Family Roundabout, essentially deals with the domestic events occurring in the neighbouring households of the Fowlers and the Willoughbys. At the start of the book, both the patriarchs of the families have died, leaving their wives at the helm of family affairs.
Mrs. Fowler or Millicent has for so many years moulded her personality to suit the requirements of her husband and family, she has forgotten that she has an individual voice of her own. Quite interestingly, in the first few pages of the book we are introduced to the concept of Millicent having a split personality of sorts- that of the muddle-headed, self-effacing, diminutive ‘Milly’ and also that of ‘Millicent’ – a more discerning, quick-witted, astute individual with a sharp intellect.
Stupidity is not an easy quality to assume, and there had been times when her real self had broken through the barricade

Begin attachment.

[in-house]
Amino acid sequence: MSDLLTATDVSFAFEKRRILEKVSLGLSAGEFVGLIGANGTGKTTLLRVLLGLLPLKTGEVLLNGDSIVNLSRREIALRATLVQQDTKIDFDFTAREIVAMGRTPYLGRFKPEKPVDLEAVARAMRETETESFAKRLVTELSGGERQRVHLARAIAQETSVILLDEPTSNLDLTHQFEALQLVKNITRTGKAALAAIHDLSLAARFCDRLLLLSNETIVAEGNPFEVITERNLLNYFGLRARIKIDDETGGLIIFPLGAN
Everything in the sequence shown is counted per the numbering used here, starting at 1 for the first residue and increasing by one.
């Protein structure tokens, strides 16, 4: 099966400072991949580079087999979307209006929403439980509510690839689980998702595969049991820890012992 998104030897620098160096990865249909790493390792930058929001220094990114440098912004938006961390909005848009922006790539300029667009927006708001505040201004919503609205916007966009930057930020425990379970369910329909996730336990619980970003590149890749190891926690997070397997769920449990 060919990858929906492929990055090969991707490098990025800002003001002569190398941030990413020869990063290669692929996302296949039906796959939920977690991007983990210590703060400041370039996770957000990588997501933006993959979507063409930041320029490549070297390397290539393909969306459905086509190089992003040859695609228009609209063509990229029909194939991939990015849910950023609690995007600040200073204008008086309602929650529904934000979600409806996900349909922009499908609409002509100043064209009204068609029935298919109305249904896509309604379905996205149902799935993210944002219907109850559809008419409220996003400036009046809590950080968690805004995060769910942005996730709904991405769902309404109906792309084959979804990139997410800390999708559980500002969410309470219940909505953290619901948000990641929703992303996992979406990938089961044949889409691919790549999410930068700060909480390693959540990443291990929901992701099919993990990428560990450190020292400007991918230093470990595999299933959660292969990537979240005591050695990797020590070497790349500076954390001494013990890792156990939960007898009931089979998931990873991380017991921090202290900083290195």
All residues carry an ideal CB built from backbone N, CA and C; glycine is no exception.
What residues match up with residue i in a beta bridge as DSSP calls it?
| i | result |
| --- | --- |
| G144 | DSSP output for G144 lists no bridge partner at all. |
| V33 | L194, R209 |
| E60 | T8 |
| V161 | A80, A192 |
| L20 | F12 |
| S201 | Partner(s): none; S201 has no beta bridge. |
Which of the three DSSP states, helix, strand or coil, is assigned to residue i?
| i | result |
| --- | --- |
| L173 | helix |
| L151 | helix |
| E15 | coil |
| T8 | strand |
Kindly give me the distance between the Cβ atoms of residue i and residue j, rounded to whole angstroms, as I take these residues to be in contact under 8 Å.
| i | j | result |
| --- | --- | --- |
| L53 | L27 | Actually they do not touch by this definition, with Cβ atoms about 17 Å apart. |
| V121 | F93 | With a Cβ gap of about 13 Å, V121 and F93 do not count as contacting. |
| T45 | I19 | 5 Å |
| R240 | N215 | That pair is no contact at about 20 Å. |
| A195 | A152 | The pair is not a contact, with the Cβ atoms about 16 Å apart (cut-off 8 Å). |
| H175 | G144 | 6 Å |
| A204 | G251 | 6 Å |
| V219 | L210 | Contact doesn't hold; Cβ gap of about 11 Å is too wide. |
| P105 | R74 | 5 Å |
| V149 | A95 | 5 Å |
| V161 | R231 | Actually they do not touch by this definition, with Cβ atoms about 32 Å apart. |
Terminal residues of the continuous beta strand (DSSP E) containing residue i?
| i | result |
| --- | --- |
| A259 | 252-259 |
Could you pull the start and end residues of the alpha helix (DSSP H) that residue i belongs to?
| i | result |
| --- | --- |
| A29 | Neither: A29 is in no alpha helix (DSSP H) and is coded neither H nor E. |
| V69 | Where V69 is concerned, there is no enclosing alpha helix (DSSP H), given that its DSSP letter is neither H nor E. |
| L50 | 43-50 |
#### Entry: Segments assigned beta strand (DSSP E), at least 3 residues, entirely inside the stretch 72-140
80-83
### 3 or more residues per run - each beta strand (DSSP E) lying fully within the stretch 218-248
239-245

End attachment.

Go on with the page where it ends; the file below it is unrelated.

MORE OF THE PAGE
We see in the course of the novel, Mrs Fowler, taking judicious steps to guide the progress of her family but always hiding proof of any deliberate intentions under the ruse of the bemused ‘Millie’.
The Fowlers are a large family who live in Langley Place, a country house located in the small village of Hurstmede, three miles away from the country town of Bellington. When Henry Fowler dies, he leaves behind Millicent, and their five children: Matthew (28) (living abroad in Kenya), Peter an architect (26)(married to Belle), Anice (24), Helen (22) and the youngest Judy, a schoolgirl of 16.